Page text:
Interestingly enough, while many prefer diamonds that have a higher grade and are as close to “perfect” as possible, diamonds that show prominent color are also in high demand. Depending on how apparent the color of the diamond is, it might be priced higher than some diamonds with a higher grade. 


Contrary to popular belief, the cut doesn’t refer to the shape of the diamond. Instead, it refers to the diamond’s shape, symmetry, and proportion. Diamonds that are well-cut direct more light through their crowns. If a diamond isn’t cut well, the light will escape through the bottom or sides of the stone. 

While we emphasize the importance of carat weight in the section above, many people believe that a diamond’s cut is the most critical element of the 4Cs since it indicates how “sparkly” a diamond is.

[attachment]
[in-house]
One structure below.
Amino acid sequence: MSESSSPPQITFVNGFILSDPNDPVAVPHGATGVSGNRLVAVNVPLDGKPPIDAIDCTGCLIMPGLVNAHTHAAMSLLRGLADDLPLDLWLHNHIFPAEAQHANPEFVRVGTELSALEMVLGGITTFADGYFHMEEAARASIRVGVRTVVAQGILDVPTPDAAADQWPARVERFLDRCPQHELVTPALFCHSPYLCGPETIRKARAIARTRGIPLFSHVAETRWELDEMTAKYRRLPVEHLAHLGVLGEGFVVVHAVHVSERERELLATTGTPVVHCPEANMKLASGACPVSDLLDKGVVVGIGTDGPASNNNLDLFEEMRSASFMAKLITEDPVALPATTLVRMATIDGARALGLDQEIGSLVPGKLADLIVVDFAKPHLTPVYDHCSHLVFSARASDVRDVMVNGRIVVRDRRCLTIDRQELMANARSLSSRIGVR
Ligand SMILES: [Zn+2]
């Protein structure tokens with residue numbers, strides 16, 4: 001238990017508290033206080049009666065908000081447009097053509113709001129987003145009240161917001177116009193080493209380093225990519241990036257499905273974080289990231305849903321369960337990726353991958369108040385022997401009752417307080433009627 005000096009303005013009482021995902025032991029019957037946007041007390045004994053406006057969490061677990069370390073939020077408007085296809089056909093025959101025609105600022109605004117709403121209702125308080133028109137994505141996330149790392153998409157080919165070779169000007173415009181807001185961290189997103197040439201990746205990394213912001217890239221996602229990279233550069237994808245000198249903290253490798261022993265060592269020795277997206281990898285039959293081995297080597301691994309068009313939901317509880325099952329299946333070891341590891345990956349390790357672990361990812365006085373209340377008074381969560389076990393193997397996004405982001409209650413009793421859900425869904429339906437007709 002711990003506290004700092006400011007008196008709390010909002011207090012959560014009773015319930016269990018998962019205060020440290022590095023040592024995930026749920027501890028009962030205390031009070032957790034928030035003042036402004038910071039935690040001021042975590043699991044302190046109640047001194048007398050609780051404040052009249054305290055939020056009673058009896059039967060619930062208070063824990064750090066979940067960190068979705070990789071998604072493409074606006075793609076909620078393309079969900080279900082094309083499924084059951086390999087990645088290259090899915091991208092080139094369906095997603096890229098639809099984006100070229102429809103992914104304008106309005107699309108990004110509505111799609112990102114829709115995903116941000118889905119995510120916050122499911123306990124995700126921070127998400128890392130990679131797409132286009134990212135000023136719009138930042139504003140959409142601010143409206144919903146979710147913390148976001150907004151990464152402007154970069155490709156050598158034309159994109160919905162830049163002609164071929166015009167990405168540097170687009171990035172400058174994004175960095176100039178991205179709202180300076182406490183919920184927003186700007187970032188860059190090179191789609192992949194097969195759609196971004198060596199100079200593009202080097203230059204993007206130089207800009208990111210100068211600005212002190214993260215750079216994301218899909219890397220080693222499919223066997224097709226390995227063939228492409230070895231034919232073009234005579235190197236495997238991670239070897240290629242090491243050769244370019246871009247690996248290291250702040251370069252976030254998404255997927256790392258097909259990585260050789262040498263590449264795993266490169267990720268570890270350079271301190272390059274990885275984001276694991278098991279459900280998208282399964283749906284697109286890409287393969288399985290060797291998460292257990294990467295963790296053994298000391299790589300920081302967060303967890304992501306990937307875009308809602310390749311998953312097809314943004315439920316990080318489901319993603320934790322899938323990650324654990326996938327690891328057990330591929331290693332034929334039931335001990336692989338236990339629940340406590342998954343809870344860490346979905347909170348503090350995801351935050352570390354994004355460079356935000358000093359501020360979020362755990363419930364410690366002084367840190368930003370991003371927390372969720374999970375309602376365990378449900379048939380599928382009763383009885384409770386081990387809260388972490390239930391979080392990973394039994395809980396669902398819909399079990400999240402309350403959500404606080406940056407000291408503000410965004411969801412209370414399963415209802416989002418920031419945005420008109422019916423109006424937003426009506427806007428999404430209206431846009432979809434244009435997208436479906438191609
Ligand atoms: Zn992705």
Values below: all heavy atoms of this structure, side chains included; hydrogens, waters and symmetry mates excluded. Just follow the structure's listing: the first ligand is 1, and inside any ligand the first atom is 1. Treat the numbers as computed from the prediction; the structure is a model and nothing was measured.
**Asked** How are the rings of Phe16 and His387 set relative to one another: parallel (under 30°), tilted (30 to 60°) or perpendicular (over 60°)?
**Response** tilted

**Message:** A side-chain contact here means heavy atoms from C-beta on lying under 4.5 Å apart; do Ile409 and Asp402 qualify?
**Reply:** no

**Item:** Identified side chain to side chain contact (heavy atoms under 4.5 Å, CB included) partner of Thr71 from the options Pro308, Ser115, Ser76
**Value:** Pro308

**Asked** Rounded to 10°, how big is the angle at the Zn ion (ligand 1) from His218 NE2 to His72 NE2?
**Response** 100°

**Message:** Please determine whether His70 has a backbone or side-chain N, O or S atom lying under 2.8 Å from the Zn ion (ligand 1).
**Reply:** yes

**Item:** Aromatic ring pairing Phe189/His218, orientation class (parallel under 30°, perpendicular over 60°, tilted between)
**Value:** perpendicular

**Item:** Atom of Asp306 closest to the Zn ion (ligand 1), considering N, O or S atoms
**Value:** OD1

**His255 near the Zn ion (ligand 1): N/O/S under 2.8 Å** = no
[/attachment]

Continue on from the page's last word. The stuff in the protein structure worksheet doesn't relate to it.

Clarity refers to the imperfections on the surface of the diamond and within the stone. Surface flaws are referred to as blemishes, while internal flaws are referred to as inclusions. 

Since the naked eye can’t see most inclusions, most gemologists don’t consider them flaws. Instead, you’ll often see gemologists refer to these inclusions as internal characteristics. 

Are you looking to renew or reset your engagement ring? Click here to learn more

Differentiating Between Carbon Vaccinated Versus Natural Diamonds 

When buying an engagement ring, you may hear a lot of talk about carbon-vaccinated vs. natural diamonds

Carbon-vaccinated diamonds are lab-grown diamonds that are made through a process called chemical vapor deposition. These diamonds are real diamonds, and they are cut and polished the same way natural diamonds are, making their appearance indistinguishable. 

Natural diamonds are made from carbon, the hardest known substance on the planet. These diamonds are created in underground conditions over billions of years and are mined once they come to the earth’s surface.